Institute for War and Peace Reporting | Giving Voice, Driving Change
Kosovo Assembly Murals Enrage Serbs
As you walk into the renovated wing of the Kosovo parliament in Pristina, a circle of marble tiles in the lobby is meant to conjure up associations with NATO’s insignia – an artistic thank-you to the alliance for the bombing that drove Serbian troops from Kosovo in 1999.
With its grandiose mahogany staircases, the main hall resembles the interior of a luxury liner about to embark on a smooth ocean crossing. But the opening of the 2.5 million euro premises has been anything but smooth.
The controversies that followed the inauguration ceremony on December 18 have turned the building into an obstacle, rather than an aid, to the assembly’s work.
The money for the renovation work came from Kosovo taxpayers while the electronic voting system was a gift of the European Agency for Reconstruction.
The parliament has been at work since December 2001, when the Albanians who make up 90 per cent of Kosovo’s population, regained their own assembly after more than a decade under the direct rule of Slobodan Milosevic’s regime in Belgrade.
But in a sign of the trouble that was to come, Harri Holkeri, head of United Nations Mission in Kosovo, UNMIK, refused to attend the opening ceremony. According to Holkeri, this was because the murals on the walls were of a “mono-ethnic” character.
Two tall murals, each more than 5 metres high, on either side of the entry hall represent Skenderbeg, the medieval Albanian hero who defeated an invading Ottoman army. A third painting represents the Prizren League, a 19th-century gathering of Albanian leaders that paved the way for the creation of an independent Albania in 1912.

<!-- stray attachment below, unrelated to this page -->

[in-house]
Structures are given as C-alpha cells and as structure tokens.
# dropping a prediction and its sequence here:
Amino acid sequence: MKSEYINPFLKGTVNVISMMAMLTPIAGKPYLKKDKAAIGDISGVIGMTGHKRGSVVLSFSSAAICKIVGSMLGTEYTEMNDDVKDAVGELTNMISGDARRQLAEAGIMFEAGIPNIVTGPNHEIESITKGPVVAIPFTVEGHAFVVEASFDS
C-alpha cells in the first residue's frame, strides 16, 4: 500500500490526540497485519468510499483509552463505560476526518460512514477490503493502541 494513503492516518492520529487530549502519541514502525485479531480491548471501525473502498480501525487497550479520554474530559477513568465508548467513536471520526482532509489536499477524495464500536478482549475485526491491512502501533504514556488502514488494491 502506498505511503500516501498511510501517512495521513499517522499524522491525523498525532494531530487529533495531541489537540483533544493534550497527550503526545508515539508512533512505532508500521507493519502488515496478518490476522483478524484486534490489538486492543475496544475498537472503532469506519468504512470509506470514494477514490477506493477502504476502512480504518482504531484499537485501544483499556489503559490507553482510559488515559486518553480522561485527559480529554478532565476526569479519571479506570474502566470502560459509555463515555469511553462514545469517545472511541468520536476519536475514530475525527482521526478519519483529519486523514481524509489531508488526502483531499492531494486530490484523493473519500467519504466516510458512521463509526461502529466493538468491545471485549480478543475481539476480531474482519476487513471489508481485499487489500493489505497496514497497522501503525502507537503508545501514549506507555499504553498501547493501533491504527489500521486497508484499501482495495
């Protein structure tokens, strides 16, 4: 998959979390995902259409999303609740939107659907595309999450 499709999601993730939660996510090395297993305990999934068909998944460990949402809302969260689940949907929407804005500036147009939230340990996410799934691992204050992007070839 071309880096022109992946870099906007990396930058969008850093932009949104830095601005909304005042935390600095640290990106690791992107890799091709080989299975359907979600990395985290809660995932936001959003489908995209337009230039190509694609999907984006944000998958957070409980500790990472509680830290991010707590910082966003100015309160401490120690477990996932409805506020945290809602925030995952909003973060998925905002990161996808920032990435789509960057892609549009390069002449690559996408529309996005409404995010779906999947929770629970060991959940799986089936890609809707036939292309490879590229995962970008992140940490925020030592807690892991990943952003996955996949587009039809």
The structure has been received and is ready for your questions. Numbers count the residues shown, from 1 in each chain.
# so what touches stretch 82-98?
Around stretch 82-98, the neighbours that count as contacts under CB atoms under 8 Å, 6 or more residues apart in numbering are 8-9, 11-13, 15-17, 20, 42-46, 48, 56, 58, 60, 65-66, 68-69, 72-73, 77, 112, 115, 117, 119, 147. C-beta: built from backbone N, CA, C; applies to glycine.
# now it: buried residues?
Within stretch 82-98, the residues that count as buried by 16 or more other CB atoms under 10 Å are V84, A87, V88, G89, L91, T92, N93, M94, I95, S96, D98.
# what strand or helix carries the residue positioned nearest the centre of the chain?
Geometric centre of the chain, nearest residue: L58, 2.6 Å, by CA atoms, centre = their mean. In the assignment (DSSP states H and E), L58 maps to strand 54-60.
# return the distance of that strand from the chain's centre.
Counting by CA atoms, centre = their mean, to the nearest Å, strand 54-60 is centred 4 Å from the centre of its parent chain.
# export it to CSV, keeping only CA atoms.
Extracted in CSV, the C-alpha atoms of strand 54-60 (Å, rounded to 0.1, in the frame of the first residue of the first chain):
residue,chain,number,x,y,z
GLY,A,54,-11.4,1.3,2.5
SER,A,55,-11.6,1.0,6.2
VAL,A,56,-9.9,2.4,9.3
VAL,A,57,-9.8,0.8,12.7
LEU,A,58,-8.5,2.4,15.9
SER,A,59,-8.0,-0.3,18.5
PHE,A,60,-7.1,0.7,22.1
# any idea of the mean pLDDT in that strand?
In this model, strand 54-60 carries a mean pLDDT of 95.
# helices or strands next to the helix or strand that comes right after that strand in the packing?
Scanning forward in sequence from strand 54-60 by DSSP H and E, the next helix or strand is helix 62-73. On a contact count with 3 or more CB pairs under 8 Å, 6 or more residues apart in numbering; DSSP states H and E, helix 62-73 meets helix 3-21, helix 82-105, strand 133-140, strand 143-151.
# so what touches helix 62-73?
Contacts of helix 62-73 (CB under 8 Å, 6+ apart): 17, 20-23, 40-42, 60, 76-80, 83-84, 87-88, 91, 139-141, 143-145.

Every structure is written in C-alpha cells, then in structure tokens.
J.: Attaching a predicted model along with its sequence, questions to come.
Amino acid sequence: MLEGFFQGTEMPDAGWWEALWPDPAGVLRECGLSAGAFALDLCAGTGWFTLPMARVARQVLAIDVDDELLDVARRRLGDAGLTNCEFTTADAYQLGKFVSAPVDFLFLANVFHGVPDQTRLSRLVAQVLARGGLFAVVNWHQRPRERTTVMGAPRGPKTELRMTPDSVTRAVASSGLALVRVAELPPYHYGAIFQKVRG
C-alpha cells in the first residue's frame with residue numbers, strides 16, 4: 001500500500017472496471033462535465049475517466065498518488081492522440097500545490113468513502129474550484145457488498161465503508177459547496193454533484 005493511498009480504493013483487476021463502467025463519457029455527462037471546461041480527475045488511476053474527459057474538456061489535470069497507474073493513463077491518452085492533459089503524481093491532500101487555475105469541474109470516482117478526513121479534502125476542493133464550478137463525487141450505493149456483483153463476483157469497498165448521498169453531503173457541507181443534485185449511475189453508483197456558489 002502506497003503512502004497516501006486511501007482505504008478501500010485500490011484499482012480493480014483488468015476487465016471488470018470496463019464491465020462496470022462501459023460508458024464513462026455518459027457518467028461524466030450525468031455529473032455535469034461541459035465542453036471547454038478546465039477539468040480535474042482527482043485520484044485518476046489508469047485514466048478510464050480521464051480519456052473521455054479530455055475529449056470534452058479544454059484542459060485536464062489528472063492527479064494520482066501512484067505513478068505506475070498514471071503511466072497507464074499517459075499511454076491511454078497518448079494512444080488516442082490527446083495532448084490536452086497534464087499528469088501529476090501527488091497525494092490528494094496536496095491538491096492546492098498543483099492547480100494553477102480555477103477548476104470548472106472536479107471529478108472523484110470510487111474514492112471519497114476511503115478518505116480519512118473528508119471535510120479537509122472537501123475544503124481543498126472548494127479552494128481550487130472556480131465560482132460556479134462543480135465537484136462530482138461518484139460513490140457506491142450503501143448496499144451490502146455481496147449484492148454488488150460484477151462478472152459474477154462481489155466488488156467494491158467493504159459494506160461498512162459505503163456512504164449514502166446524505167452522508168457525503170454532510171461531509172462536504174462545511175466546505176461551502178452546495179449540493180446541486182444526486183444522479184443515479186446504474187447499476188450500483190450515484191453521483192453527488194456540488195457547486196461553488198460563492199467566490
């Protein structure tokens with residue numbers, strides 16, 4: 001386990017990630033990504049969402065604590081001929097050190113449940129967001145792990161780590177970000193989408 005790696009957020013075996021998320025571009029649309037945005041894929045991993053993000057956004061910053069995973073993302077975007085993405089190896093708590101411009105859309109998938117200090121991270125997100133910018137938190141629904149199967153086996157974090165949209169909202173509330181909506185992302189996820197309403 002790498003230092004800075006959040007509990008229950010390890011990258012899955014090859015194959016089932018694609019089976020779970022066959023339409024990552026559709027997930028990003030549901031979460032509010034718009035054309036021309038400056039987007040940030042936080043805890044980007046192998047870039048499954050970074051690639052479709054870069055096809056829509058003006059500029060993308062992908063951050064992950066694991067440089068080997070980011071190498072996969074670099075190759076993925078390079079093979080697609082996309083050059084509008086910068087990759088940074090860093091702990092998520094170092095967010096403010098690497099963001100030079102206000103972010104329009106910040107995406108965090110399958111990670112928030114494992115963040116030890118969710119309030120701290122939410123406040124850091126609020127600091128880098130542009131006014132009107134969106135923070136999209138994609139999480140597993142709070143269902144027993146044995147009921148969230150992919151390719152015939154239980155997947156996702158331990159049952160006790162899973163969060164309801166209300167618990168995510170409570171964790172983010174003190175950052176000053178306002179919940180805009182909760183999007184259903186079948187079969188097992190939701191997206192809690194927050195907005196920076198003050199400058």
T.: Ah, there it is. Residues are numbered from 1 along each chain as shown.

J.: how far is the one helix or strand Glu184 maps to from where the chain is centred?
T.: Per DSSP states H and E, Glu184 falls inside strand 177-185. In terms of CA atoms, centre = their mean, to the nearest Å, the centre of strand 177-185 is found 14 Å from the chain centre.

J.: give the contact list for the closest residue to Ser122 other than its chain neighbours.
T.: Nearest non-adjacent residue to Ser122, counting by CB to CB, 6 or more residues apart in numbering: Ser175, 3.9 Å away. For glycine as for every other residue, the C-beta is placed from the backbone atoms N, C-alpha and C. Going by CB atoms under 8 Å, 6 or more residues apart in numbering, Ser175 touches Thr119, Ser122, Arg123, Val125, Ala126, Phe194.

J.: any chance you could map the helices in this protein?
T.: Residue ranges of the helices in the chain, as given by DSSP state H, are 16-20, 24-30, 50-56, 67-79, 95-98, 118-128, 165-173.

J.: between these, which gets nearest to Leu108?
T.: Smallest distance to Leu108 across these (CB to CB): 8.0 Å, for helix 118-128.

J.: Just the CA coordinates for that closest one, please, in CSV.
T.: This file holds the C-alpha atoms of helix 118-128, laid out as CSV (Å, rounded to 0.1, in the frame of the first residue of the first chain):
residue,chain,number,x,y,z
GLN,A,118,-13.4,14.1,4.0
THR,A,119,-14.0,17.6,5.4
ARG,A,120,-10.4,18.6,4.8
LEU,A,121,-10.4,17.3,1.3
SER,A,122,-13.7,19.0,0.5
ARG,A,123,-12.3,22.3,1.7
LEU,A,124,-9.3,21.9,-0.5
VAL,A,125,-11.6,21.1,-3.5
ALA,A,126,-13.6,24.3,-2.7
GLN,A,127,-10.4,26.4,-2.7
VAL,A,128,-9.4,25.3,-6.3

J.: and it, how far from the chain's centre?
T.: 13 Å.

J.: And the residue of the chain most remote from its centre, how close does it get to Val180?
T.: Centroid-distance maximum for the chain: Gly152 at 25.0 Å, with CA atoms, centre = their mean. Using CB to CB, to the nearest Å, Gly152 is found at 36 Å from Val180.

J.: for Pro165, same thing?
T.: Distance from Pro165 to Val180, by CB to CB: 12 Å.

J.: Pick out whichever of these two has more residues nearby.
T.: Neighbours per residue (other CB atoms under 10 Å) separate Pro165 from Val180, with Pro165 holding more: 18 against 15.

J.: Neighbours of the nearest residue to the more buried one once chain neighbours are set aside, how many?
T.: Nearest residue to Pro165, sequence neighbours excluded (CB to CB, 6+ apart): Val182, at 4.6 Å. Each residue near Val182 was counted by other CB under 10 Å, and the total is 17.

“The murals in the assembly are mono-ethnic in nature, while the assembly is a multi-ethnic institution and the murals should reflect the multi-ethnic nature of the assembly as well as of Kosovo,” said Mechthild Henneke, UNMIK’s press officer.
Despite this criticism, Nexhat Daci, speaker of the assembly, has refused to remove the murals, saying that would only humiliate the Albanians.
He suggested that local Serbian representatives in the Povratak coalition should instead install paintings reflecting their own history on the remaining blank spaces.
However, as there is no room for more paintings of the same size in the entrance hall, they would – effectively - have to be hung in the interior of the assembly café.
The Serb members of parliament are unimpressed and have boycotted every session in this new building.
Oliver Ivanovic, the Serbian member of the assembly’s presidency, told IWPR on February 23 that Serb deputies would only return to the parliament if the Albanians removed one of the three large murals, “so that we could put up one painting with Serbian motifs of the same size”.
Ramush Tahiri, advisor to the speaker of parliament, said he had received a faxed proposal along those lines from the Povratak coalition but had refused to consider it on account of the nature of the communication.
“The fax is directed to the ‘Institutions of Kosovo and Metohija’,” he declared. “We cannot review or discuss this proposal in parliament since this is an unacceptable name.”